I posted this link on the BAP Facebook page yesterday, but I wanted to go into a bit more detail about it. What the link takes you to is a pdf of the Clearchannel outdoor media rate card–a listing of the prices advertisers pay to rent billboards and the like.
The first think I’d like to point out is that there are a lot more media options than you may have ever thought about. For example, we all know about bus shelters and bus wraps, but we tend to forget about inside of the bus or commuter trains, on top of taxis, or all the ads we see at malls.
Even though there are a lot of things listed on this pdf, these are actually just a few media options. There is media (space rented by advertisers, I mean) everywhere– the conveyor belts and carts at the grocery store, flyers filling your mailbox, and everything digital, of course.
And it all costs to rent. Those prices are pretty much standardized within their relative markets and usually you can get those prices on online media cards like this. By looking at these media cards, you can start to understand the relative value of your work and estimate your fees more accurately.
There are still people who say that basing your usage fees of media rates is an old, discarded way of doing the math. Apparently it was done 20+ years ago, before I got into the biz, and rejected. I have no idea why or what things were like then. But just because it didn’t work then doesn’t mean it’s a bad idea now.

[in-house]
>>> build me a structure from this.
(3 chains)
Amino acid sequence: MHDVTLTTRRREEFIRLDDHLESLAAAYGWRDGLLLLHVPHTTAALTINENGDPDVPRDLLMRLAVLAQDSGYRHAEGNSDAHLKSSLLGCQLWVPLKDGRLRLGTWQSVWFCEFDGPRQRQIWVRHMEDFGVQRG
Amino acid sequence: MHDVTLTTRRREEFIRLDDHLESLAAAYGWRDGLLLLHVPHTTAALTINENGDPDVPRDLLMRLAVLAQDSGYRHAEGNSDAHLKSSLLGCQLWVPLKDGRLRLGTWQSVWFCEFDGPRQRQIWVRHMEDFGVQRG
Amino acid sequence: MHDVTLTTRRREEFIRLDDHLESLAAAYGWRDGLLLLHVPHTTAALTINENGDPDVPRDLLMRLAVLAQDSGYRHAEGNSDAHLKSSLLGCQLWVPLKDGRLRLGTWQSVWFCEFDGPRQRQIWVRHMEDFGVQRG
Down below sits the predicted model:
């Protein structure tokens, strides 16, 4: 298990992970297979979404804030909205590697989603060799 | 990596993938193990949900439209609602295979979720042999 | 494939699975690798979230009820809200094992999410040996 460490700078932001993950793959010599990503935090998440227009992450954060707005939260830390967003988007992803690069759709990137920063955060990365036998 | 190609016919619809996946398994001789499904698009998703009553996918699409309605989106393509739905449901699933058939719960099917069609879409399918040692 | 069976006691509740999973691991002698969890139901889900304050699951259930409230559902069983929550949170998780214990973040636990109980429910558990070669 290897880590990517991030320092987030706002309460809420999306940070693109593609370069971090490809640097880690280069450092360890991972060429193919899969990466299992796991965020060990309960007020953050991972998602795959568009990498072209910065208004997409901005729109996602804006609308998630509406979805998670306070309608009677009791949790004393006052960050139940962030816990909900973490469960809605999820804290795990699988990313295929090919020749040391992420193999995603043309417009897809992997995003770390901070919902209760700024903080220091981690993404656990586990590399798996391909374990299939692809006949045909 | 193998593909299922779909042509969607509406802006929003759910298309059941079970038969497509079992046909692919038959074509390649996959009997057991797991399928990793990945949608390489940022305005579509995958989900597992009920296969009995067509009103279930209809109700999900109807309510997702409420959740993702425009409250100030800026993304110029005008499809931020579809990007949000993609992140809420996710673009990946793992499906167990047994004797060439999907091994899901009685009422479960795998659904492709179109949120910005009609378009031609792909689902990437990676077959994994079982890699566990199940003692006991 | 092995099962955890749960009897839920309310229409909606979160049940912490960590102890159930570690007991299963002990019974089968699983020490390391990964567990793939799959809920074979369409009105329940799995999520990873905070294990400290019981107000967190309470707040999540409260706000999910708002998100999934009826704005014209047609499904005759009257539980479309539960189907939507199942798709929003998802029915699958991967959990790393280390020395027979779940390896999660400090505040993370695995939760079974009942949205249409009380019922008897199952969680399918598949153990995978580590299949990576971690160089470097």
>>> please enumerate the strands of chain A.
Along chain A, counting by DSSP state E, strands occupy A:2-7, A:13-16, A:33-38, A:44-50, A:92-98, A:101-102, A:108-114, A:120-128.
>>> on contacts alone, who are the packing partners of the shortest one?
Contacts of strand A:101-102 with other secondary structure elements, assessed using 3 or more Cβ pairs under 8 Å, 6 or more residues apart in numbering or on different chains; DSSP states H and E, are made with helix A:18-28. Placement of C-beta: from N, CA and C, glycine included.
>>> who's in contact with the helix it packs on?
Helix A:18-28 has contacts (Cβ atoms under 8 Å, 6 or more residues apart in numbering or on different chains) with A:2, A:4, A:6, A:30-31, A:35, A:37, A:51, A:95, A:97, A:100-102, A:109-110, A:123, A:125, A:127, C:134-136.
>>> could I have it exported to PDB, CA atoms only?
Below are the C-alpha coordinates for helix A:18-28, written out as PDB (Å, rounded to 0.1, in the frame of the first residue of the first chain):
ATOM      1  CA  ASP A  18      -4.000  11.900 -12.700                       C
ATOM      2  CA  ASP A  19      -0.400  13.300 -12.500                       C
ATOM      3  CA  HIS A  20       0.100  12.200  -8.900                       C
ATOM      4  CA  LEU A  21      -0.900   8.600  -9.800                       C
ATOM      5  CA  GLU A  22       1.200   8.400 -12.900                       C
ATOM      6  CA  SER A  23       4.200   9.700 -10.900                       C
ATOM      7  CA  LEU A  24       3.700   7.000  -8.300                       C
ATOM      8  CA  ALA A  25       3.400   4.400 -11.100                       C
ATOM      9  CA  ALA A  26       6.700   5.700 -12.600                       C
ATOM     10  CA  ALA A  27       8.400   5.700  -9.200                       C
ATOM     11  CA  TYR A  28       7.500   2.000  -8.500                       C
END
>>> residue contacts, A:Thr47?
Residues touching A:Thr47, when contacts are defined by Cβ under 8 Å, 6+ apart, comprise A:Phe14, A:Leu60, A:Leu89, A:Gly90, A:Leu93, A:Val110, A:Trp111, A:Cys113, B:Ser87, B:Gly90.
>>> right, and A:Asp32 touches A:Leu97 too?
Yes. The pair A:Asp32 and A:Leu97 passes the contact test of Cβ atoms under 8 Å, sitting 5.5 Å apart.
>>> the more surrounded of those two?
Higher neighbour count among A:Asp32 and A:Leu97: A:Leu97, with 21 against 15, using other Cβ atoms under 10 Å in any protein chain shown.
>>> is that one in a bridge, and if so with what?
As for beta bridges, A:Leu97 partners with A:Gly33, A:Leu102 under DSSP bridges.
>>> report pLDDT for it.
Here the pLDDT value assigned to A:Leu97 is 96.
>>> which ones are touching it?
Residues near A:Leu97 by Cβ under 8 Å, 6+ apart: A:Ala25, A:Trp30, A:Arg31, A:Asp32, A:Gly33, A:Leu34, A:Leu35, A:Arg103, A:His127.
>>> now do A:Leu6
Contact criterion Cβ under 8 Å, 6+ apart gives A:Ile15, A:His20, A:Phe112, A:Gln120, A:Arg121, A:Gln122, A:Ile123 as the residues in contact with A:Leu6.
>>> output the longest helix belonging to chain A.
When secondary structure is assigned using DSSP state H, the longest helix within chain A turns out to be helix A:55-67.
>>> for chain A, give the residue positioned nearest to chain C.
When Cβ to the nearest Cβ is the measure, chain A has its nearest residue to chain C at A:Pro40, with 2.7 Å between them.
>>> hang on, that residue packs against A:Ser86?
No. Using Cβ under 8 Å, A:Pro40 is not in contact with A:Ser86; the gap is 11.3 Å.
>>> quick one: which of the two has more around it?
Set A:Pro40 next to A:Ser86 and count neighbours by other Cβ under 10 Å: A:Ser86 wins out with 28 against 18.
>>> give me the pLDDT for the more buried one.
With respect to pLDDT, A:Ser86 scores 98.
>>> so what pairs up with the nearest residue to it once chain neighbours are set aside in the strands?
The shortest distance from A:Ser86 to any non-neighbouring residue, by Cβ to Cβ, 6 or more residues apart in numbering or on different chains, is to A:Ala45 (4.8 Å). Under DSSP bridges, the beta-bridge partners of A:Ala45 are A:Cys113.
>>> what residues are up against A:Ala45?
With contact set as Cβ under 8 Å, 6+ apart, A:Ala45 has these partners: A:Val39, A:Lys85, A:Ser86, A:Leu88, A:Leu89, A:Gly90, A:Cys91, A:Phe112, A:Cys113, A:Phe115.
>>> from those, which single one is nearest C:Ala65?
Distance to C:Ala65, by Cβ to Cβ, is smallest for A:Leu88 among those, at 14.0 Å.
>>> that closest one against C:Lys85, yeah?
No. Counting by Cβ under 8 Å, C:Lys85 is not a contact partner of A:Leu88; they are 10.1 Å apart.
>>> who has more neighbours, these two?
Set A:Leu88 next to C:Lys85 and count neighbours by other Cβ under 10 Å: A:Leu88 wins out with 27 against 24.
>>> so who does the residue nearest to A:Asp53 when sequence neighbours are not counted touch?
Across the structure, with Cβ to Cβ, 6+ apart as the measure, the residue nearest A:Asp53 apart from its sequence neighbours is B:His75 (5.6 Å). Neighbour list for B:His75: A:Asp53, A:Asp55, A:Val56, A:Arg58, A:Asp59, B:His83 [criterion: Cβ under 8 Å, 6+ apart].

Now it makes sense. As noted in Getting to Yes (Ury, et al), one of the pillars to successful negotiations is using objective criteria–using the media rates (something out of the control of both you and the agency/client you are negotiating with) makes your position rational. If placement costs $800,000 then the usage fee should be greater than placement which costs $300,000. Pencil-pushers can understand this. As I discuss in this month’s Creative Lube, cost consultants are looking at everything to try and get the numbers down–you need to have a rational argument for why you are billing what you bill. Taking yourself out of the equation and, instead, pointing out the simple logic of a more extensive media buy equalling a greater usage fee simply works in these numbers-guys’ heads. They can’t argue with math.
These media numbers are important to know, also, because when you are selling an unlimited license of some sort, you need to know what you are really selling–it’s a hell of a lot more than you may think. Don’t give it away. When you understand the value of your work in the media environment, when you learn what sorts of numbers your clients are used to dealing with, suddenly that $48K for creative AND usage fees for two years GLOBAL unlimited print media doesn’t sound like such a good number after all (see first estimate posted by APE). Yes, $48K is a lot of money to a lot of you, but it isn’t a lot of money in the world of your clients–that is, their perspectives are different. They are used to much higher numbers!
You must learn to separate your personal perspective (“$48K is more than I’ve made this year! I’d be thrilled to get this!”) from the actual, objective value being exchanged in this transaction. The objective value for that broad usage (global unlimited print!) is a hell of a lot more than $48K (and remember, that number quoted by that photog INCLUDES the creative fee as well as usage, so the usage is actually less than $48K!).
Think about it… how many taxi tops, bush shelters, and grocery carts are there in the whole world…